My Summer of Code pretty much consisted of integrating Wayne’s groundwork with JRuby and its LoadService, which I will briefly explain here, and then trying to get the C-API Rubyspecs passing and trying to work every Gem that somebody seemed to care about.

Requiring Files On JRuby

Rubys require logic is fairly complex, as proven by a ~450 LOC size of basic require specs. JRuby’s is even more complex, as require must also work for .class and .jar files, and not only consider the filesystem, but also the JVM classpath and thus jar file contents.

I learned how to hack the JRuby loading by debugging and stepping through the LoadService class in JRuby using Eclipse. A good entry point to break in there is the smartLoad method, which receives a the require String as it is passed down from Ruby. Then, JRuby goes uses a number of Searcher classes to try to find a load candidate. There is a script searcher, a classloader searcher, and now an extension searcher, too. Each one of those tries different paths and different file extensions to find a match, and there are quite a few things done “under the hood”.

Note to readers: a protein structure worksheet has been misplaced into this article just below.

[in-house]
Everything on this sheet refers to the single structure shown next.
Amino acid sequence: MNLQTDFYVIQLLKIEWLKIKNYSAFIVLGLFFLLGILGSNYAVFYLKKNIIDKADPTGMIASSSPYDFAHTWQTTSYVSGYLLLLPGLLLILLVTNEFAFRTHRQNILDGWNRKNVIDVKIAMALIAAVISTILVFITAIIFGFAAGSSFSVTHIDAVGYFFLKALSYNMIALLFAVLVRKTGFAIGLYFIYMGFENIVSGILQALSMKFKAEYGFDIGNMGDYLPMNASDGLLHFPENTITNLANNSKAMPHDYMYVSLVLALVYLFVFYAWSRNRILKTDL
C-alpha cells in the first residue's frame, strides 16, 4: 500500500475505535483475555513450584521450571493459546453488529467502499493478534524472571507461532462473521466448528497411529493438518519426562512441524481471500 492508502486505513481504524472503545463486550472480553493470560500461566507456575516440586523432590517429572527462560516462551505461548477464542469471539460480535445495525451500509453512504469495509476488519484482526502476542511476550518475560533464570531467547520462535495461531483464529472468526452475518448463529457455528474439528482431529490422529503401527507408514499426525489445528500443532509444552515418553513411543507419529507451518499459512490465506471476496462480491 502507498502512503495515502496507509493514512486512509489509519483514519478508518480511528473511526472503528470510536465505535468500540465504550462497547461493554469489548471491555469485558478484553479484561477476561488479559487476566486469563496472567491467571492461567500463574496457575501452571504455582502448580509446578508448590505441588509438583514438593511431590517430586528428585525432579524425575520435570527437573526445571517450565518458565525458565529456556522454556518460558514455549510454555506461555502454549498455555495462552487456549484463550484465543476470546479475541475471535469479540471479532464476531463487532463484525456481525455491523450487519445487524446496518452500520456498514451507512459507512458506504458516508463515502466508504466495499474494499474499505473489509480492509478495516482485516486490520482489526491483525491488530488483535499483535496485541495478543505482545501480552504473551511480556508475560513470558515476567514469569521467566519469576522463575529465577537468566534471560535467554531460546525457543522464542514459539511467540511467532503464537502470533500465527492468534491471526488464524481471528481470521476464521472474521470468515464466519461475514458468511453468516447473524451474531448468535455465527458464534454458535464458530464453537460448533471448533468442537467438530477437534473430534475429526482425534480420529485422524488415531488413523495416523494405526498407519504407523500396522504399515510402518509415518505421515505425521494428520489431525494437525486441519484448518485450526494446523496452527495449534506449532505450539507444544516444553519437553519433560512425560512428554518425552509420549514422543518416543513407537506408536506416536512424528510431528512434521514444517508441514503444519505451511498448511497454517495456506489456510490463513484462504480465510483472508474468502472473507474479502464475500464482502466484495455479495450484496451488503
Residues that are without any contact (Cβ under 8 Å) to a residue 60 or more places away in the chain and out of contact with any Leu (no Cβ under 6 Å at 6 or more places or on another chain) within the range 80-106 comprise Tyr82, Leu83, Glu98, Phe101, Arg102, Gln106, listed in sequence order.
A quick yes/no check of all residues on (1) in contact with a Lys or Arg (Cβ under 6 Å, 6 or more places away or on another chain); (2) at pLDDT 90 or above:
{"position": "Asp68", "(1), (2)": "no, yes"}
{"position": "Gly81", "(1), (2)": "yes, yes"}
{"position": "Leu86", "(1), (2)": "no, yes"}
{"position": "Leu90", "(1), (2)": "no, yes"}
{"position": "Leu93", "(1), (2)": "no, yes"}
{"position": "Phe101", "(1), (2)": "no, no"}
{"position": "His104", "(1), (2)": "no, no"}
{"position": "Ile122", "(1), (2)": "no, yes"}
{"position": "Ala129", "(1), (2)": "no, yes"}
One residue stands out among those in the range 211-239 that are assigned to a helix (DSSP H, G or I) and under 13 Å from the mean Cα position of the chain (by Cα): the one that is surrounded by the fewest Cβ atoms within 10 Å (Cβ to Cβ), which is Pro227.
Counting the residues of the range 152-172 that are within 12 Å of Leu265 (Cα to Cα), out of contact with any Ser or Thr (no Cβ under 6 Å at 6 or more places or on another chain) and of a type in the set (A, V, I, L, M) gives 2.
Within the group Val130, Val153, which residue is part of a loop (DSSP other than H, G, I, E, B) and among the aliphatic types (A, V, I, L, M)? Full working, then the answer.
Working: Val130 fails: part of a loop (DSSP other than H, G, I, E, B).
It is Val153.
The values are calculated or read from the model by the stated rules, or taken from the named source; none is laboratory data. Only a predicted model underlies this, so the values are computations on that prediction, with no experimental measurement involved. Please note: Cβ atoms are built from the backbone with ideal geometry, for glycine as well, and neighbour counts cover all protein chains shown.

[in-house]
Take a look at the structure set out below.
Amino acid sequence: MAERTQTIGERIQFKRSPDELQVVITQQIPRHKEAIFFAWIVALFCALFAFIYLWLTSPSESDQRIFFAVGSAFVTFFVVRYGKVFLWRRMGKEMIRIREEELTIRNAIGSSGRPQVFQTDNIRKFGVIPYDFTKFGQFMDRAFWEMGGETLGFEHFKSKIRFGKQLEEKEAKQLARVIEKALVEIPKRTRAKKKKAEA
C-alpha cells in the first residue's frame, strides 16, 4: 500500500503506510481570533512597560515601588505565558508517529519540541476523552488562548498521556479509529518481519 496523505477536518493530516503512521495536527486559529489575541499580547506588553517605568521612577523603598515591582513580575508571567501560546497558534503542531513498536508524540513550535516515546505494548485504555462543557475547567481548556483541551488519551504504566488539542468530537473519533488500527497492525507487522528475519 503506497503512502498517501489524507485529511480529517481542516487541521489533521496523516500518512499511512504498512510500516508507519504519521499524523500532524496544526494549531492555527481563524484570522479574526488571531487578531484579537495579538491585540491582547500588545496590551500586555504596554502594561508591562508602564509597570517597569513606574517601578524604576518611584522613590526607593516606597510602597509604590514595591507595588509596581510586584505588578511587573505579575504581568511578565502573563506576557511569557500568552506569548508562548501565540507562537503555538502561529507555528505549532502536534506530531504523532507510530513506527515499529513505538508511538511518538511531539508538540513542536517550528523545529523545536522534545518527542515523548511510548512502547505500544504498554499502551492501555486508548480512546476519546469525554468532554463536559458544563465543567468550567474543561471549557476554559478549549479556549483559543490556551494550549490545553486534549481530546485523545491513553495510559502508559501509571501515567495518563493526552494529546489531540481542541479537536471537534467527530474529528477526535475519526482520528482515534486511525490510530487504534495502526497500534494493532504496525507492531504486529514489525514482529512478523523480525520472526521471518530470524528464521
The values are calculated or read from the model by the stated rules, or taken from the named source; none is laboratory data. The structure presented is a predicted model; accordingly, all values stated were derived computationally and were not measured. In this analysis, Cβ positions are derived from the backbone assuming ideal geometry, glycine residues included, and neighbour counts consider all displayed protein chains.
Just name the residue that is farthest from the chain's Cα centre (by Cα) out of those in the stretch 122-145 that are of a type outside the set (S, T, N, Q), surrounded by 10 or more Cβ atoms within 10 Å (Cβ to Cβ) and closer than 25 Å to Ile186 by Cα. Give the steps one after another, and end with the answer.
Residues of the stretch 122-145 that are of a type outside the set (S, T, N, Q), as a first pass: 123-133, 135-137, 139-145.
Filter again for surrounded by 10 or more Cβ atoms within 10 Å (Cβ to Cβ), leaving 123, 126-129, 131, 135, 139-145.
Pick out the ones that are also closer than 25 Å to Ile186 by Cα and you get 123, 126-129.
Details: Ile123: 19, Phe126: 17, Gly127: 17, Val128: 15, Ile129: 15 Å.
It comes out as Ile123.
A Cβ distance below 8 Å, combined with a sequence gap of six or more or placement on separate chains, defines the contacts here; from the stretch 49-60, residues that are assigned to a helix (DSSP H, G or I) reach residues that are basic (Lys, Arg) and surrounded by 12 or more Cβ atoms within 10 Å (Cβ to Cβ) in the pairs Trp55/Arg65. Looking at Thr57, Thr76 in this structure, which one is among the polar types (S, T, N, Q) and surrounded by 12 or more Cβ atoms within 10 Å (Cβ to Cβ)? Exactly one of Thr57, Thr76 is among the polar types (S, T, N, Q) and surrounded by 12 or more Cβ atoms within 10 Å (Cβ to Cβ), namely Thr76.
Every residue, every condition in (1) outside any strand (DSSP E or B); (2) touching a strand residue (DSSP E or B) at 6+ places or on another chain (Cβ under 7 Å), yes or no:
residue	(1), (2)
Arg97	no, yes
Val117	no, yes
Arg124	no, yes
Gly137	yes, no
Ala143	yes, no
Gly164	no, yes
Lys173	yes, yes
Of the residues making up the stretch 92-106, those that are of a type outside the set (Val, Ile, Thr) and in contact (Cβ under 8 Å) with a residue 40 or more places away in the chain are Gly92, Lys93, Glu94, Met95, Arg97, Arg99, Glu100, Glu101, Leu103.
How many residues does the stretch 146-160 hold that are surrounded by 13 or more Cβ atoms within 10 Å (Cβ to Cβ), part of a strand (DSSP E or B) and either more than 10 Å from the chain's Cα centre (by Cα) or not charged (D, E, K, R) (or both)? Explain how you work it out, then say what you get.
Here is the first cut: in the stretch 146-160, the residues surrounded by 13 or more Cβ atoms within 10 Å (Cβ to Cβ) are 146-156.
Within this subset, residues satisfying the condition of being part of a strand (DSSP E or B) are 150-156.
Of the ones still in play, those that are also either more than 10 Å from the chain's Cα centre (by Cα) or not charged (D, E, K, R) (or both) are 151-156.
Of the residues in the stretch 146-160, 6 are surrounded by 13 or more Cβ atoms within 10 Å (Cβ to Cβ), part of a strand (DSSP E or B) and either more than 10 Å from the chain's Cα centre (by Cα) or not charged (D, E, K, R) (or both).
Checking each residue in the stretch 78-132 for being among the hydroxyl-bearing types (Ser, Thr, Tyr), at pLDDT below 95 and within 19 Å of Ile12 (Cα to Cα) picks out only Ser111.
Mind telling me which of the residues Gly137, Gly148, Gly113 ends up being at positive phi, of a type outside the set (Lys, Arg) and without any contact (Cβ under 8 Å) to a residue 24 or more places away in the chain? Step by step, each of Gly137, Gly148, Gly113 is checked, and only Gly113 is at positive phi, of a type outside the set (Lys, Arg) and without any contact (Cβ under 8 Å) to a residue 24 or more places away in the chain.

For example, regardless of the platform, you can always require ‘’ to load an extension. The ExtensionSearcher on JRuby will then try to find a jar file or a file with the platform specific shared object file-extension.

When a match is found, it is loaded by a method appropriate for its type: Ruby scripts are loaded by evaluating into the current runtime, C extensions are loaded into the process memory and its Init_* methods are called. To still be able to deploy JRuby applications in a single Jar, extensions are extracted to the default (which you can pass as JVM parameter) and loaded from there. This is because Java’s System.loadLibrary relies on the underlying operating system to actually load the shared object into the process, and that will only work if the library is in the actual filesystem.

There are a few restrictions when using extensions on JRuby. For example, multiple Runtimes will not work, as we can only dynamically link a library to the JVM once. Since we cannot know wether a given extension is thread-safe or if it has global state, we can’t simply re-use the already loaded library and expose it to another Runtime. Currently, we will throw an error if one attempts to load a C extension twice - which means Rakefiles won’t work if they load a C extension and then try spawning a sub-process. JRuby’s system(), magic will detect the launch of another Ruby command and just create a new Runtime in the same JVM. If you want to support JRuby in this case, you can do the following: if RUBY_PLATFORM =~ /java/ require ‘jruby’ JRuby.runtime.instance_config.run_ruby_in_process = false